The East Coast city of Baltimore, Maryland is known for its offbeat traditions and unconventional spirit, just the kind of city where you might expect to find a used book store that urges you to take as many books as you want for free. It's called the Book Thing, and it's become a popular meeting place for people who want to acquire books, or give away books, or do some of both. Nancy Beardsley reports.
The Book Thing is located in the basement of an old Baltimore row house, and you enter by the back door. But it's easy to spot from the street. A handpainted sign saying "Free Books" stands on the curb, and boxes and bags of books form a pathway to the door. They're new donations waiting to be sorted by volunteers.
Volunteer:"Law, fiction, home improvement, more home improvement, art, physics. You never know what you're going to find in here."
Beardsley:"Has this been a good day for donations?"
Volunteer:"It's been a really busy day. We had a donation of 200 boxes from a school down in Washington, D.C. So we've been really overwhelmed."
Step inside, and you'll see books stacked on shelves and piled on the floor, seeming to go out almost as fast as they come in. Russell Wattenberg, the man behind the idea, sits at a front desk, stamping books with the words "Not for Resale. This is a Free Book."
Wattenberg: "When I was managing a bar, I had a lot of teachers come in for Friday night happy hour and they'd all complain to their bartender, me, about not having enough books for their classroom. So I started picking up books at thrift stores and used book sales and giving them away to teachers. And then other people started hearing about what I was doing, so they'd give me books they didn't want any more, and it just kind of grew and grew and grew. I quit the job about two and a half years ago to do this full time. I've gotten a little bit of funding here and there. I'm 29, no wife, no kids. So now I'm giving away 10,000 books every week."
"Hi, welcome to the 'Book Thing.' Come on in, all the books are free. You can take as many as you like. We encourage greed. We've got boxes outside. You can take a box, but any box you take, you've got to fill up."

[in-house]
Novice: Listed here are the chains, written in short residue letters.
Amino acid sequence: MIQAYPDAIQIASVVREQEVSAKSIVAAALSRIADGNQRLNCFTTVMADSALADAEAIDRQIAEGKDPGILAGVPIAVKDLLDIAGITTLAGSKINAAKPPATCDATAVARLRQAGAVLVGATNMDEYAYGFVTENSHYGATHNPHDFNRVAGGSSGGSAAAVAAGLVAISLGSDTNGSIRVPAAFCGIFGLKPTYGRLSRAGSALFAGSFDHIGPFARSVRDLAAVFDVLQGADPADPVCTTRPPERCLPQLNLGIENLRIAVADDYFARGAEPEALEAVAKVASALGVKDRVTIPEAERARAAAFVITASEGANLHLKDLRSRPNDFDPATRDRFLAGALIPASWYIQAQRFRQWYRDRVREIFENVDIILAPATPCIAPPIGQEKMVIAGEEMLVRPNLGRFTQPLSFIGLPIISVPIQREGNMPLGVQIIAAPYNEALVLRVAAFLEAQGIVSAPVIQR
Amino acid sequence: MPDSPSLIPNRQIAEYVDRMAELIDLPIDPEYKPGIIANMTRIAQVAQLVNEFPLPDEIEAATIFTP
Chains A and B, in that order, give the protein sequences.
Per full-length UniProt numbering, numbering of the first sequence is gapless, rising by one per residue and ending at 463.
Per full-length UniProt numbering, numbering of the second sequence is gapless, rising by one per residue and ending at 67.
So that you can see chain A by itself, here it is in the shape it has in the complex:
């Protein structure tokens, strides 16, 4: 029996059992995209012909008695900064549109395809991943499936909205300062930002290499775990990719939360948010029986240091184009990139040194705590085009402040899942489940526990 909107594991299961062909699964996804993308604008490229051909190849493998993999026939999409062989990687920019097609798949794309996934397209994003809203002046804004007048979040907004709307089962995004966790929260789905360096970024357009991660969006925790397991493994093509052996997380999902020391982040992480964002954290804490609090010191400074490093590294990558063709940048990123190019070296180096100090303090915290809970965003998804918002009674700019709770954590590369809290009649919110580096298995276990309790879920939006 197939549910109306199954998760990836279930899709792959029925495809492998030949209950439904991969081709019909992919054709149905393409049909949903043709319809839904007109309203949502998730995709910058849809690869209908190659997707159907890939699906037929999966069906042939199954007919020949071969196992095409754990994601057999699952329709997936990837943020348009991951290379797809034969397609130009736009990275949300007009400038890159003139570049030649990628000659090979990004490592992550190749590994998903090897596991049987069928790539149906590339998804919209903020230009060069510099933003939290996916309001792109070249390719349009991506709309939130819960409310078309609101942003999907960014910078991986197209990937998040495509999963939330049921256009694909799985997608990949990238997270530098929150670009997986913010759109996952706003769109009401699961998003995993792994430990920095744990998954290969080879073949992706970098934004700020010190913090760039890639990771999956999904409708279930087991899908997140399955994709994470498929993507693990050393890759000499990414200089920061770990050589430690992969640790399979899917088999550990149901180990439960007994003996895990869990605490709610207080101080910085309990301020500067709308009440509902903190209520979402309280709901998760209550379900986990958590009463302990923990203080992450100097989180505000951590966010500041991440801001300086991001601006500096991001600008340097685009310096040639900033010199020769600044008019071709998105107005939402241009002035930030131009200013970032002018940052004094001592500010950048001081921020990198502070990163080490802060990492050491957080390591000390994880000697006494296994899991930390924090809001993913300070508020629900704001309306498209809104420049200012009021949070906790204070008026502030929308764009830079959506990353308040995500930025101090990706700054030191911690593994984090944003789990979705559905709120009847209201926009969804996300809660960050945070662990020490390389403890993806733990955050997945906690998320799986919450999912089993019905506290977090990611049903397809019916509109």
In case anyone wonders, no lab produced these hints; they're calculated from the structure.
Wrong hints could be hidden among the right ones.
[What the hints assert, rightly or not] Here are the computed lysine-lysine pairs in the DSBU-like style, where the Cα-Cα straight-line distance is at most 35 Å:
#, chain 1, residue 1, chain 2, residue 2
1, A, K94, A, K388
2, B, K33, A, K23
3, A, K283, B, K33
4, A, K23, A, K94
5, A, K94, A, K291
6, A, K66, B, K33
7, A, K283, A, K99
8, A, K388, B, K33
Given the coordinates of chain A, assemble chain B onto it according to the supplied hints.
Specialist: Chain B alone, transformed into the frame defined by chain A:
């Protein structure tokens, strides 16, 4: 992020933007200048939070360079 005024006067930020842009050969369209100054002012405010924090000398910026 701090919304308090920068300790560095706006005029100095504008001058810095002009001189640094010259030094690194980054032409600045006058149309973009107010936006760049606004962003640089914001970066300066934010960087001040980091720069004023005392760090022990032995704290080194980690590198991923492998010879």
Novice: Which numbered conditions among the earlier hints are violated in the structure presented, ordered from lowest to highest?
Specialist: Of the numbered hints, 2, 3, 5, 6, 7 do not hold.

Wattenberg: "Saturday mornings, I've found no matter how early I get here there's always a line waiting for me. They all help me get set up for the day before they start going after books. All the regulars know each other. All the teachers compare notes on which school is which. It's really like a little community."
"I'm Doctor Marcus, and this is a bonanza for poor people who have minds they want to use. I'm particularly interested in art books, but I have to borrow a car to get here. The proprietor once in a while knows my areas of interest, and he'll sometimes set aside books for me, which is greatly appreciated. Once we got 76 issues of 'Antiques Magazine' going back 30 some years, which I use for research."
Wattenberg: "That gentleman also brings us usually a few apples or pears from a farmer's market he goes to. There's a group of people from the neighborhood who come in. There's one lady who comes in to get cookbooks. She'll let me know how each recipe was after she used it. There's an elderly woman who on her way to church each Sunday drops off two paperback books and on her way back from church she picks up two, and that's her reading for the week. It's also become a place where if somebody has a relative or a friend coming into town to visit, this is one of the tourist spots where they take them. So it's really become part of Baltimore."
"My name is Laura Geralo. My father and I come here, and I like Louisa May Alcott, like 'Little Women' and 'Little Men,' and I found a Louisa May Alcott. It's back in my box."
"My name is Jessica Pavis. And I heard about this from my friend Laura and her father. And I like reading a lot about history, so I have some biographies. Ann Frank is my favorite and I've found a book about her, so I'm very delighted about that." "My name is Angelika. This is the first time I came here and I really like it. I'm tutoring a kid in reading, and I found a bunch of books for him. And there are even games. I've gotten crosswords. You can get anything. I have two boxes back there now."
Wattenberg: "You can come in and take two books. You can come in and take a 1,000 books. It doesn't make any difference. If Bill Gates came in, he can take free books too. We give whatever we have to anybody who wants it. Some of the people who come in have never even known someone who owned a book, let alone had one to read. And what my plan is, is once this is up and running in Baltimore, then I'll load my van with all my worldly possessions, hit the road, and wherever I end up, I'll start another one all over again. We've gotten e-mails from all over the world wanting to start up their own Book Thing, and the best advice I give is just give away books. When you're at a bus stop, leave one on the bench. Leave one in a taxi cab. Leave one on a plane. You don't need an organization to give away a book. You just need a book to give away a book."
Russell Wattenberg is the only paid staff member at the Book Thing. It survives through individual contributions, neighborhood support, and the occasional donation of an unusually valuable book. Those are put up for auction. A recent first edition of a book by Ernest Hemingway sold for $450. Then there are the unusual books, books with titles like The Story of Margarine, The Naming of the Telescope, or Elephants in Pink Tutus. They may have little monetary value, but they're the kind of rare find that makes the Book Thing a treasure hunt for readers.